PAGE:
Continue down the sunken pathway and take the left-hand path, grid ref: IJ41408/35057 at a large lime tree with a massive ‘bird’s nest’ of epicormic growth. Climb to the top of the path and stop to look down into the woodland below on your right. Walking along this path is taking a walk back in time. On the left-hand bank and on the face of the cliff line below the path are large mature sycamore trees which must have been the original plantings around 1860. These have become the parent trees for the establishment of the sycamore woodland which has now colonised the lower level of younger dunes.

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Murlough National Nature Reserve sycamore wood


Continue along this cliff top path, @ IJ 41418/35159 note concrete steps on the left coming from the back of Murlough Stable yard to meet the path. In fact, this route crosses the path, as two Y shaped flights of steps continue down onto the woodland floor, but are now covered by vegetation. Note a well grown sapling wych elm on the cliff face.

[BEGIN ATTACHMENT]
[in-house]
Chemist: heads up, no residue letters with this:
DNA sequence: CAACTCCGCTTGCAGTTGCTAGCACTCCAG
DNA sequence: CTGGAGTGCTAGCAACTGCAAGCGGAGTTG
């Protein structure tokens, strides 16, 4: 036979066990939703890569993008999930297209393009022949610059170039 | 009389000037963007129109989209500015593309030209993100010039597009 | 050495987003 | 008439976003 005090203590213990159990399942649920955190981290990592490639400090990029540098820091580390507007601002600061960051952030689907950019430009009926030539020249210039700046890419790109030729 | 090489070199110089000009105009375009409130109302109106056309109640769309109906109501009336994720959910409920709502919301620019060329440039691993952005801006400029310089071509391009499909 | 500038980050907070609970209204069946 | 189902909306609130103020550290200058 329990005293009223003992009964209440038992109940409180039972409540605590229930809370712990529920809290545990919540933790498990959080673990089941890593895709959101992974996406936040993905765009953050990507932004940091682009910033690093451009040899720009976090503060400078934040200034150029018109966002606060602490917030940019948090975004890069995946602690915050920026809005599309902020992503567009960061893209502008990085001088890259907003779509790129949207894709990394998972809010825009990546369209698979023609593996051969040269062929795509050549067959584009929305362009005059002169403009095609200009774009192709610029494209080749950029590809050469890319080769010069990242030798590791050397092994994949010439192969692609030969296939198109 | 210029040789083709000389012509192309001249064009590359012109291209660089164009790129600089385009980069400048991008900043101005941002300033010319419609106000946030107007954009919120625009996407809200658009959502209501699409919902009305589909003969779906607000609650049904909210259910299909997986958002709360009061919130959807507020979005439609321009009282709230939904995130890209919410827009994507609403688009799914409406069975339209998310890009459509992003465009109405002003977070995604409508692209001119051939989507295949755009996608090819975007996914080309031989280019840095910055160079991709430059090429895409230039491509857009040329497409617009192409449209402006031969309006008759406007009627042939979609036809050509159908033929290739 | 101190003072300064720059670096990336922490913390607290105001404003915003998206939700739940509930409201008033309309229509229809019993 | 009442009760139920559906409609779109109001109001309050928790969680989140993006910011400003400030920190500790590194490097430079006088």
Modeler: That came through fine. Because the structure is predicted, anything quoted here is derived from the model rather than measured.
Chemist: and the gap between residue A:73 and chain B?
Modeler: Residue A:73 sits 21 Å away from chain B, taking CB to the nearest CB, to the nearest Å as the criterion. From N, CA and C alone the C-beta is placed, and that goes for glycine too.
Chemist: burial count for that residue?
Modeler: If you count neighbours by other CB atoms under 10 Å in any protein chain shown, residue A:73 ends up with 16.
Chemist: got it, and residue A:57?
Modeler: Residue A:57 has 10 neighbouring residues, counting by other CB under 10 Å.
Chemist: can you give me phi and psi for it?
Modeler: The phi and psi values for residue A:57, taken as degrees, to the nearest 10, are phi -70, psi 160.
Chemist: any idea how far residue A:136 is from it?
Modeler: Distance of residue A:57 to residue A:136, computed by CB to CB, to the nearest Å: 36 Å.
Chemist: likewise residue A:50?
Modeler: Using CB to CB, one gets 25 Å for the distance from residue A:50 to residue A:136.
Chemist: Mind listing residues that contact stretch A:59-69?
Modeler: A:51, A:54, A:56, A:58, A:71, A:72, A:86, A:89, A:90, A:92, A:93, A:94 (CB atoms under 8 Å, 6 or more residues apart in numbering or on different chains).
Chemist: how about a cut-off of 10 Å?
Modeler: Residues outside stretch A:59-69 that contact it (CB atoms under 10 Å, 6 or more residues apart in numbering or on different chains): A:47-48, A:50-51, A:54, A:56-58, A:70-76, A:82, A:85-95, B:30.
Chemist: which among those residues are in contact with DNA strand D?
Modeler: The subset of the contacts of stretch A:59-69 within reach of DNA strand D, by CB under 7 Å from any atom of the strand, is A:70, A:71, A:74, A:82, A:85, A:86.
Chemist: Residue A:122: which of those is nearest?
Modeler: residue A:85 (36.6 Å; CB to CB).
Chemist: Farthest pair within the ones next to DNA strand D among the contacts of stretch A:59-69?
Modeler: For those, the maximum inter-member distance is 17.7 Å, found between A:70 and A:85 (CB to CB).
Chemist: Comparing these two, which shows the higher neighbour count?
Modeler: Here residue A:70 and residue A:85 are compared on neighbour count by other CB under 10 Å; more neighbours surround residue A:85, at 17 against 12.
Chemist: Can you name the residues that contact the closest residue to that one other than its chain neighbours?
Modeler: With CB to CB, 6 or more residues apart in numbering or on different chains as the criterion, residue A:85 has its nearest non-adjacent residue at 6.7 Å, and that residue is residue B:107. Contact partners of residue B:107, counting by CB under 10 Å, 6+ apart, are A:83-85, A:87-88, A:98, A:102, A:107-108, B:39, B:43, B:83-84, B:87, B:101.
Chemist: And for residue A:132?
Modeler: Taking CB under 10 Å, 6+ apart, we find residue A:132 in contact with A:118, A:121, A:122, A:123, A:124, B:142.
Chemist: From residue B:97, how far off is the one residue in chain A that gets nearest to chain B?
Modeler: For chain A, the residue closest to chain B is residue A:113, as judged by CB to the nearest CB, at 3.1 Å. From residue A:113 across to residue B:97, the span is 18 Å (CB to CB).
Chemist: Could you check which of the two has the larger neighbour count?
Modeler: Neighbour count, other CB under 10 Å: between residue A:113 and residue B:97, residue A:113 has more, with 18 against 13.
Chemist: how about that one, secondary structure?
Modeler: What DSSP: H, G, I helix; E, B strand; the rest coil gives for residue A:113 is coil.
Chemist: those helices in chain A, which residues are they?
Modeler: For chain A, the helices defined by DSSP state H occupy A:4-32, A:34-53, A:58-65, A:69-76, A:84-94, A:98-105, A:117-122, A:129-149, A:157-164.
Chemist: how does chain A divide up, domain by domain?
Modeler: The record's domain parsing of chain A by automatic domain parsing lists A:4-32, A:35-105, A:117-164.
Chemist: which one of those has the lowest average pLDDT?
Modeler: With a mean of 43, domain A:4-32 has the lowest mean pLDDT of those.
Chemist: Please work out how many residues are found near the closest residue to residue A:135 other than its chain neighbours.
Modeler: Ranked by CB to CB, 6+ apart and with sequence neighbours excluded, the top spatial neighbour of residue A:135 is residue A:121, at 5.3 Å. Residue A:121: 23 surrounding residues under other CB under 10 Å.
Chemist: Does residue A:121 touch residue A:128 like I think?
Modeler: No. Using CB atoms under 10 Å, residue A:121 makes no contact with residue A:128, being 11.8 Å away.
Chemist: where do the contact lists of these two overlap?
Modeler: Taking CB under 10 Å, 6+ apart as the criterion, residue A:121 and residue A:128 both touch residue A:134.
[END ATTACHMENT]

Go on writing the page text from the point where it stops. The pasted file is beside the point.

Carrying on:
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Murlough National Nature Reserve sapling beech


Continue along the path until another set of steps on the right leads down to the shore @ IJ 41395/35212. (The path to the left, past the Stable block could be a short cut back to the concrete.) Note the size of the sycamore log at the base of the steps, probably one of the original planted trees.

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Murlough National Nature Reserve Woodland walk


Continue along the path until passing below a large sycamore on the left which arches over the path@ IJ 41380/35236. By now you may have noticed a few young trees saplings of other species growing on a more crowded floor to the woodland, with the younger sycamore trees. At the beginning of this path the sycamore trees in the lower wood seem well spaced and the woodland floor is quite open. Here you will notice the trees are more crowded and the woodland floor has more shrubs and ferns.